One of the biggest problems inside stadiums is that mobile reception is spotty, leaving people feeling disconnected for hours on end. Levi’s stadium was designed with a different infrastructure than the standard Wi-Fi shooting cone; it used a new model called MicroCell system.
For the first time in professional sports Wi-Fi boxes have been put under every 100 seats, offering five times more capacity than the average in-stadium network. Thanks to 400 miles of data cables, a fan’s seat will never be more than 10 feet from a direct Wi-Fi signal, says Guido (and hundreds of geeky fans raving on Twitter).
With 40 gigabits within the infrastructure–compared to the NFL mandate of 10 gigabits–the stadium will likely still be competitive when it comes time to host Super Bowl 50 there in 2016.
“We had to build the platform so that it wasn’t just good for 2014,” says Guido. The Cowboys stadium already got retrofitted for additional Wi-Fi after only four years of being built and hailed as the most technologically advanced stadium. “In our mind it was good for 2044. We felt like if the infrastructure was there, the mobile platforms would just continue to get better and better, and your opportunities are endless.”
“With Wi-Fi in the stadium, you allow people to use their devices they already have,” NFL Commissioner Roger Goodell says. “We believe that’s the best experience and we hope this will become a model for future stadiums.”
The MicroCell approach is reportedly being replicated in new stadiums for the Atlanta Falcons and in Minnesota. The Kings’ chief marketing officer, Ben Gumpert says, “Connectivity and bandwidth will be crucial components of the technology in the ESC.”
No stranger to sports tech, The Kings became the first team to accept bitcoin as payment, incorporated Google Glass during a game broadcast, and used Oculus Rift to augment to fans the new arena. Gumpert says they, too are working on a robust Wi-Fi structure.
While solar panels aren’t any thing new in stadiums, the niners’ solar panels are in the form of functional bridges. It’s the first of its kind in the NFL, beating the Philadelphia Eagles’ 10-year-old signature “Go Green” campaign in Lincoln Financial Field. It’s also perhaps the first power-saving design that doesn’t look ridiculous–it even shades the poor souls with rooftop VIP seats.
From the solar terrace, fans can also see one of the two large LED video boards. The 48-foot high screens, made by Daktronics, adorn the end zones. One is 200 feet wide, the other 148 feed wide, each with a 13HD pixel layout that can be used as one massive screen or sectioned into smaller windows.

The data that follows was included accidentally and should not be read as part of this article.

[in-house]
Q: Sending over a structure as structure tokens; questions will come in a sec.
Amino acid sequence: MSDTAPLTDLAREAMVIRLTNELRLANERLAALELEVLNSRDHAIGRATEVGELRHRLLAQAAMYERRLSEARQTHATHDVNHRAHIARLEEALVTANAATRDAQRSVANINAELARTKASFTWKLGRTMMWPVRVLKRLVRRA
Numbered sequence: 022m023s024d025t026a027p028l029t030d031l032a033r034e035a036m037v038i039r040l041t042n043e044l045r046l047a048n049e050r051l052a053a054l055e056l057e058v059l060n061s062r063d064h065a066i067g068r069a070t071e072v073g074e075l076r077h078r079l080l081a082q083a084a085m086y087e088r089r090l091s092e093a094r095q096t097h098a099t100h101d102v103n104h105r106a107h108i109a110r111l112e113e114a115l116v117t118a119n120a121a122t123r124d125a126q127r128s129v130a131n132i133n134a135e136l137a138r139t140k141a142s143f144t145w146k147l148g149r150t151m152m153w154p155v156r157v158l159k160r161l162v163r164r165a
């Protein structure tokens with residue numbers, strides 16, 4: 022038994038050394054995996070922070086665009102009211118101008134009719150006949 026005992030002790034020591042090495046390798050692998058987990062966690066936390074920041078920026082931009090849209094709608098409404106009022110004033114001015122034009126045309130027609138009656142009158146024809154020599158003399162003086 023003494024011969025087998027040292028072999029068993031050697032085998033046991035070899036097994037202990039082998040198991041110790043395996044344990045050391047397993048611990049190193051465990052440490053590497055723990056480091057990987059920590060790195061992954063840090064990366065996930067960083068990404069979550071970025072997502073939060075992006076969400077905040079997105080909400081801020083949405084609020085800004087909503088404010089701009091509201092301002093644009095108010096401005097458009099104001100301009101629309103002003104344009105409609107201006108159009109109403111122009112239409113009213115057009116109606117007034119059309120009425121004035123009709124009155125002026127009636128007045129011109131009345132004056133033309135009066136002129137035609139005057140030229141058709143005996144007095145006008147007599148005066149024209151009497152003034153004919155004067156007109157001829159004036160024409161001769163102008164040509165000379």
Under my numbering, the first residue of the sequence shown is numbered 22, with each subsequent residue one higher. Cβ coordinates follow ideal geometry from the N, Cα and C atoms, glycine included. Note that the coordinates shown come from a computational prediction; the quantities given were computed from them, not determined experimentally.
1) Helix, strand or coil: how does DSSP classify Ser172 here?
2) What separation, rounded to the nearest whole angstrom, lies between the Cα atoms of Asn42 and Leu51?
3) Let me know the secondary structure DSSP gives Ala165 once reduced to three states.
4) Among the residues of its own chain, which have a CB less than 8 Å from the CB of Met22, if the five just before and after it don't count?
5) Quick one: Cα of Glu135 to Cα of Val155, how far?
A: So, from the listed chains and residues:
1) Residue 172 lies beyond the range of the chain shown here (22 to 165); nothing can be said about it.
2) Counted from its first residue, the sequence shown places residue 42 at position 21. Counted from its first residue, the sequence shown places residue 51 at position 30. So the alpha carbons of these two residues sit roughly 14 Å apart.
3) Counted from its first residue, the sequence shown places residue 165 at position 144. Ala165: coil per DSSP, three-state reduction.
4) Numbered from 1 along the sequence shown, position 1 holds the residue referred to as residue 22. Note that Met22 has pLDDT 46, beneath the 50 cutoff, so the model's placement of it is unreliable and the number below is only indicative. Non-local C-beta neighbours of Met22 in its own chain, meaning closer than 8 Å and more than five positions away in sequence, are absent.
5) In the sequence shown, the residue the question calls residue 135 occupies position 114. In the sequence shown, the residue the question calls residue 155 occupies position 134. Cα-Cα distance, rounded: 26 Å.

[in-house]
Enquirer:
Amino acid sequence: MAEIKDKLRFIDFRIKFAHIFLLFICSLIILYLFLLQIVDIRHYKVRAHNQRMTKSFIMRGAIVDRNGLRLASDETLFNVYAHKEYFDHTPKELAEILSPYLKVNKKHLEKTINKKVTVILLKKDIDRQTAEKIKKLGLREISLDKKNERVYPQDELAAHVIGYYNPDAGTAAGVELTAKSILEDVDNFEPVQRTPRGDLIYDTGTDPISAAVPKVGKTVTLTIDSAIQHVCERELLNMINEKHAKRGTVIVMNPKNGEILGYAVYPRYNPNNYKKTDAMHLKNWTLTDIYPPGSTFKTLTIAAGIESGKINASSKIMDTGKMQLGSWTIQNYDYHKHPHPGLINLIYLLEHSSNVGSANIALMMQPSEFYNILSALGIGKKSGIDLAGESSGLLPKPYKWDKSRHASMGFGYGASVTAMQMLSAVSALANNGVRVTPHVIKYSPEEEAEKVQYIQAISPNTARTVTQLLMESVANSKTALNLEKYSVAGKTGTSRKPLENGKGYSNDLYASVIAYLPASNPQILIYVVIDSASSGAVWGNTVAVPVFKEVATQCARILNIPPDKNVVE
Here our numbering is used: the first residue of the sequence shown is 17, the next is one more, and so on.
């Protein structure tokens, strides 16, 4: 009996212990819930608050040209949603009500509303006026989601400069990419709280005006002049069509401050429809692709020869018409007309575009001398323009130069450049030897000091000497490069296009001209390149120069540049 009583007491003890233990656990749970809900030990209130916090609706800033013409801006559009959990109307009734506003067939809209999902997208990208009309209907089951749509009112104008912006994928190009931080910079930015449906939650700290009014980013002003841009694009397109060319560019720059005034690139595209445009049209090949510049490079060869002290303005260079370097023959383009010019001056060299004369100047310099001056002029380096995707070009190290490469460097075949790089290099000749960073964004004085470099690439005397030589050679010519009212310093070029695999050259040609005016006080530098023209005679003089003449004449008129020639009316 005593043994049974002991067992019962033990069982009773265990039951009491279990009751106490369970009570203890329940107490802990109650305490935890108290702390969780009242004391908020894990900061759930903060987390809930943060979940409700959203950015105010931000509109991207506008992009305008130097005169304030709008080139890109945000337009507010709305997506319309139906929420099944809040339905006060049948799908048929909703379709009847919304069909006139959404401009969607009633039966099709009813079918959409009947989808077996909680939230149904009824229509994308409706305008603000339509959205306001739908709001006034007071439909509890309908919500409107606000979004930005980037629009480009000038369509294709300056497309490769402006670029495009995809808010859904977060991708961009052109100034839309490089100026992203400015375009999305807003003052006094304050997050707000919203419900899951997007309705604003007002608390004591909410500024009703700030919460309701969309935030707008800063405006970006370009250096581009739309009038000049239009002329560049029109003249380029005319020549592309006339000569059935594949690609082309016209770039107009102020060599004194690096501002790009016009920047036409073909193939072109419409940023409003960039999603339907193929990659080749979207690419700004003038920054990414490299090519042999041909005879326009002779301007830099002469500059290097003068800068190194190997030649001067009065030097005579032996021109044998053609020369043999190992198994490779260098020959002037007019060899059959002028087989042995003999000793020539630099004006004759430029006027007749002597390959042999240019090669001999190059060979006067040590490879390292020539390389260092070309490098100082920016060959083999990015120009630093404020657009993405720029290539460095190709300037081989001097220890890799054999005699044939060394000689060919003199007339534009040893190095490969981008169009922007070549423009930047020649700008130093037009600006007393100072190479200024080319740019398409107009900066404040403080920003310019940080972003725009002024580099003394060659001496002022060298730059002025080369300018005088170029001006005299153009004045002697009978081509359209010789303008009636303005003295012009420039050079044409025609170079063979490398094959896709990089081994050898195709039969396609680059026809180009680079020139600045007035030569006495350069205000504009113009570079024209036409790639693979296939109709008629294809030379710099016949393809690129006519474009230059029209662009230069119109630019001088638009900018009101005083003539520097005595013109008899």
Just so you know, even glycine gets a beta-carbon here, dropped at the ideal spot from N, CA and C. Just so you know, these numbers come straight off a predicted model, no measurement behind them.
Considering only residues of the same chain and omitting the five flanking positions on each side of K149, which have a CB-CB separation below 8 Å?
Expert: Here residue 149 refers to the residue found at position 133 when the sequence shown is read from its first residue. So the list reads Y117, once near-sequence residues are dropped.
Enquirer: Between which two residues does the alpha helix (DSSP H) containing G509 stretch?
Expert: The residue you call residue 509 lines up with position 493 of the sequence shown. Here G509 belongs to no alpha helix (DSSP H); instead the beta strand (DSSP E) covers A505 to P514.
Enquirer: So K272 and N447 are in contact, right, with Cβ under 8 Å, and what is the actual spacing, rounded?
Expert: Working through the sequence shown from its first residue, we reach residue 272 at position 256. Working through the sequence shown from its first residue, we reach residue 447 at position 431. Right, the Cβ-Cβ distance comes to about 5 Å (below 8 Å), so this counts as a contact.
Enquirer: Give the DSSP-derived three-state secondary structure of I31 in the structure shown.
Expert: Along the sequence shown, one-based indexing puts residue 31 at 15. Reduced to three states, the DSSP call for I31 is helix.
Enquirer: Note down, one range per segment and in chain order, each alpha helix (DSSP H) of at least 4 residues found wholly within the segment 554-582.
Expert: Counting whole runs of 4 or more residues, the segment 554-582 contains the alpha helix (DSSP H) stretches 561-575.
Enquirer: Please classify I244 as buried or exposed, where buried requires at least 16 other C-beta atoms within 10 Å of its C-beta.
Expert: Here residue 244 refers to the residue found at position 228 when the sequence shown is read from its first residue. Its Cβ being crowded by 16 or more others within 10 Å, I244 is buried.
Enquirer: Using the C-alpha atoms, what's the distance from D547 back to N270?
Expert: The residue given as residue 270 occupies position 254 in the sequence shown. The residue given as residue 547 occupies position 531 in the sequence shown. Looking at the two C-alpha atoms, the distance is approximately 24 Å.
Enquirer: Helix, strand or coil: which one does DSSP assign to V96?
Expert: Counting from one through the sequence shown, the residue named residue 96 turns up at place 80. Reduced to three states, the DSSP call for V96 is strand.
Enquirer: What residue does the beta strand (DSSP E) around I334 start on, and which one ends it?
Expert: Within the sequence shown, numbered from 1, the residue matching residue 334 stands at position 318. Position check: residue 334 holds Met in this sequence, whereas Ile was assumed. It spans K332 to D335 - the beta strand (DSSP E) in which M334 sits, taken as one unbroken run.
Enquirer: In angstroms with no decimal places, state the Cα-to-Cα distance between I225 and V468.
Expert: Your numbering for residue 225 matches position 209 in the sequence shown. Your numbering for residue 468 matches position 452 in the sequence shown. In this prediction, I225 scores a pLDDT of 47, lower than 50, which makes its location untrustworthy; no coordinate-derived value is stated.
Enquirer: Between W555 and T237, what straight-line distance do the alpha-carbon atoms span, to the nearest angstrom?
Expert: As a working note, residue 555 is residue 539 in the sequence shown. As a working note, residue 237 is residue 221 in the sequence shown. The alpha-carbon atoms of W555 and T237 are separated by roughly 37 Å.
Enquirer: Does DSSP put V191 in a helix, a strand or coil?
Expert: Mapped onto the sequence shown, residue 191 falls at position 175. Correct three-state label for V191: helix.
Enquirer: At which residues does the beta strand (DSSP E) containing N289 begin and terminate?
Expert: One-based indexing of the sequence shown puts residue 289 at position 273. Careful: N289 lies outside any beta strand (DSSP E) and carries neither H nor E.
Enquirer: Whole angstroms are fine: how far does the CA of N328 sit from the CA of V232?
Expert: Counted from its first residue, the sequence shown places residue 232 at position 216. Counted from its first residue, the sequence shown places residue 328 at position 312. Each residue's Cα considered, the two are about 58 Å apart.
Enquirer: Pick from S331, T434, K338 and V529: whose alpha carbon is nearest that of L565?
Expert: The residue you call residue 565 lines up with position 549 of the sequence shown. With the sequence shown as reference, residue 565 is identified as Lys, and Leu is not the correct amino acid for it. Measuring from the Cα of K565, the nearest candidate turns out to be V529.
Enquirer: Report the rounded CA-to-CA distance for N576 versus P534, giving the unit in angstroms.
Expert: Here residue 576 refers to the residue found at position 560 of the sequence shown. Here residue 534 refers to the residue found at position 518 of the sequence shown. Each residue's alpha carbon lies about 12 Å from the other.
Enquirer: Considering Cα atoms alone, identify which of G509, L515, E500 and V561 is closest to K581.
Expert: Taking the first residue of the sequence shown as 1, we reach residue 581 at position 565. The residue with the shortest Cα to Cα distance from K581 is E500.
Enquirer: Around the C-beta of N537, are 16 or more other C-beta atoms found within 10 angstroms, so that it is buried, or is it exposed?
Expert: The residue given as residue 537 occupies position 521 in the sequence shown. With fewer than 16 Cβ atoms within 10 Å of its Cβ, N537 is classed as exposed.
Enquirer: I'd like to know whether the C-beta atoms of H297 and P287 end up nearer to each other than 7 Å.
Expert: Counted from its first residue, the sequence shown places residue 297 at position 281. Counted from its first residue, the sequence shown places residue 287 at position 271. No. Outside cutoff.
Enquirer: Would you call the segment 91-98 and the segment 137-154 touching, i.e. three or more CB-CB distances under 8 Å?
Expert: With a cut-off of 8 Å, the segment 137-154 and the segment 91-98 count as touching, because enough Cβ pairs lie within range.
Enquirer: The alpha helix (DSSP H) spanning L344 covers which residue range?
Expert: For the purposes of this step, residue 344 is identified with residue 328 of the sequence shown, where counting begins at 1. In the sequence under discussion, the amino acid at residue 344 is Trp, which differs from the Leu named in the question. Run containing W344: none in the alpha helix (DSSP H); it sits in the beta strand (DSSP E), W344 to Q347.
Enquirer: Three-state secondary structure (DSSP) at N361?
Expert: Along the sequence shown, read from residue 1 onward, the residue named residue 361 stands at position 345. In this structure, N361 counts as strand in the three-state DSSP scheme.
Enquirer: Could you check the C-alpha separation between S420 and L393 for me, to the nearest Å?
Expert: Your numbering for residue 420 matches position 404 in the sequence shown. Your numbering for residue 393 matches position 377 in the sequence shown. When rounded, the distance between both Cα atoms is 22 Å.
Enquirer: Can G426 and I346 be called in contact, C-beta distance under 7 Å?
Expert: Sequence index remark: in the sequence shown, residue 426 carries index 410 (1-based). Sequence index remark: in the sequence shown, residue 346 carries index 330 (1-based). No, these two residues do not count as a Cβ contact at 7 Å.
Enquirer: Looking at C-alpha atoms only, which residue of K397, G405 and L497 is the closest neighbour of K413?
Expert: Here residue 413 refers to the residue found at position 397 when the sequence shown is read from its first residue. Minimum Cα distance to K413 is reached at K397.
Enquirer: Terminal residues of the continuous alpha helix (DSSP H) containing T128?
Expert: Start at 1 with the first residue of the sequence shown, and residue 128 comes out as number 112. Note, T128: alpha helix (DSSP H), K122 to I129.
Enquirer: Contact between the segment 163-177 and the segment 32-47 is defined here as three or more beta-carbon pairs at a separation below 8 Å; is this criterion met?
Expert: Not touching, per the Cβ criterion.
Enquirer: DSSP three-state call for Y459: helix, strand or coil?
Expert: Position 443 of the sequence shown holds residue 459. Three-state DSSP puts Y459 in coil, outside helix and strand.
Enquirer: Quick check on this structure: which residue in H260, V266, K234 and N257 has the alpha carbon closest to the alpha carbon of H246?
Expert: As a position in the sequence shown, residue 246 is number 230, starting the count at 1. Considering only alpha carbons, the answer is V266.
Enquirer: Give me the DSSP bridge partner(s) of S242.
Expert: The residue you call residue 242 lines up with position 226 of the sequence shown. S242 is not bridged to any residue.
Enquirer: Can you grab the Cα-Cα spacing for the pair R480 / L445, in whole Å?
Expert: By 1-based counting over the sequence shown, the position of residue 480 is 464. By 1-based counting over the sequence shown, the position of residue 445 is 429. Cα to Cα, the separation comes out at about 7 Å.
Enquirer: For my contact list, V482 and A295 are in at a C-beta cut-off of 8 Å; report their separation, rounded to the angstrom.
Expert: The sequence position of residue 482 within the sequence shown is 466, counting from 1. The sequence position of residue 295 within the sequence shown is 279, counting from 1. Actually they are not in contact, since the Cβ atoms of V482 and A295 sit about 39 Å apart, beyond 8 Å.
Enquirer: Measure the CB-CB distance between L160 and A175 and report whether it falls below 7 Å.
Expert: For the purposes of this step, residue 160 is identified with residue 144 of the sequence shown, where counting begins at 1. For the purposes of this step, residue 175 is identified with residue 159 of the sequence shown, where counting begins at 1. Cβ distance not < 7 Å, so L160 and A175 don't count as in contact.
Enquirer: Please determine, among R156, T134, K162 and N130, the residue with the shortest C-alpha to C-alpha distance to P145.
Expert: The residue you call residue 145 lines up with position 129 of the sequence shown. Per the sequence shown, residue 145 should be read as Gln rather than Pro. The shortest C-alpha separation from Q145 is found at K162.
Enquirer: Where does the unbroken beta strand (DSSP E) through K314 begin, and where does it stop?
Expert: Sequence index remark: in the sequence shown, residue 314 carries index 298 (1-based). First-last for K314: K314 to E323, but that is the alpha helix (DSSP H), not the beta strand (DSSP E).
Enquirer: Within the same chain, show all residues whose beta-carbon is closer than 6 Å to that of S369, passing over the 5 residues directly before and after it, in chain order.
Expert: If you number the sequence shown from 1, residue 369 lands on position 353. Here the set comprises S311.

And all that light is working from a carbon-neutral energy grid. The first professional sports team to achieve net zero energy performance in California, it is also the first professional football stadium with LEED Gold certification.
Instead of a traditional team gallery, the 49ers’ museum includes interactive content for every player that’s ever been on the team in a cross-searchable database. The All-time Roster–as it’s called–contains 12,000 photos and 1,295 players’ data.
If you knew someone who played for the team or played with your dad in college, you can swipe your way to six degrees of separation and find multiple points of information and photos of them. “What a lot of people we found in testing was, they were curious to know who else went to Illinois that played for us,” 49ers museum director Jesse Lovejoy says. “We created that search-for function.”
49er alum and current VP of football affairs, Keena Turner, says the creation of such data files are a unique tool to preserving history of former players like him. “It’s not doing tech for tech’s sake, but using imagination to learn from our perspective,” he says. “We like that blend of high tech and low tech as an opportunity to recognize every player that ever played for the team. For me, it’s really personal.”
Entering the museum’s Heritage Gallery, touchscreens line up with artifacts at different points of the physical timeline showing additional stories from history with audible and visual stories. Keyed-in green-screen interviews with coaches are layered with old clips of plays and animated sequences.
Cortina Productions also created interactive elements for the museum’s internal STEM classroom, where teachers can control students’ interactive desks during a learning session. “We felt like we had a platform to make STEM to help teach kids science, technology, engineering, and math components of sustainability or technology like what makes a spiral go further,” Lovejoy says.
Like much of the other tech used in the stadium, the museum’s challenge was using it in a way that wasn’t overbearing, says Lovejoy. “I think a lot of times, you can get buried in technology. It was our goal and our job to use it in interesting and unique ways to share depth of content that you can’t do on a wall. You can’t do it in 30 words.”
Elsewhere in the stadium, there are interactive games, lessons from players, Sony touchscreens, and broadcaster simulations that give fans a chance to be in the action–think of a Dave & Busters dedicated to your favorite team. The aim is to boost stadium foot traffic year-round.
Though Levi’s Stadium is ahead of the pack now, that could change come 2016 as stadiums engage in a neck-and-neck race to see who can attract more fans, feed them faster, and keep them in the stadium longer. What does it take to win? The best software.
Or is it hardware? “We like to say that we built the stadium as a software-driven stadium, not a hardware-driven stadium,” says Guido. “The funny thing about that is, it takes hardware to build that infrastructure.”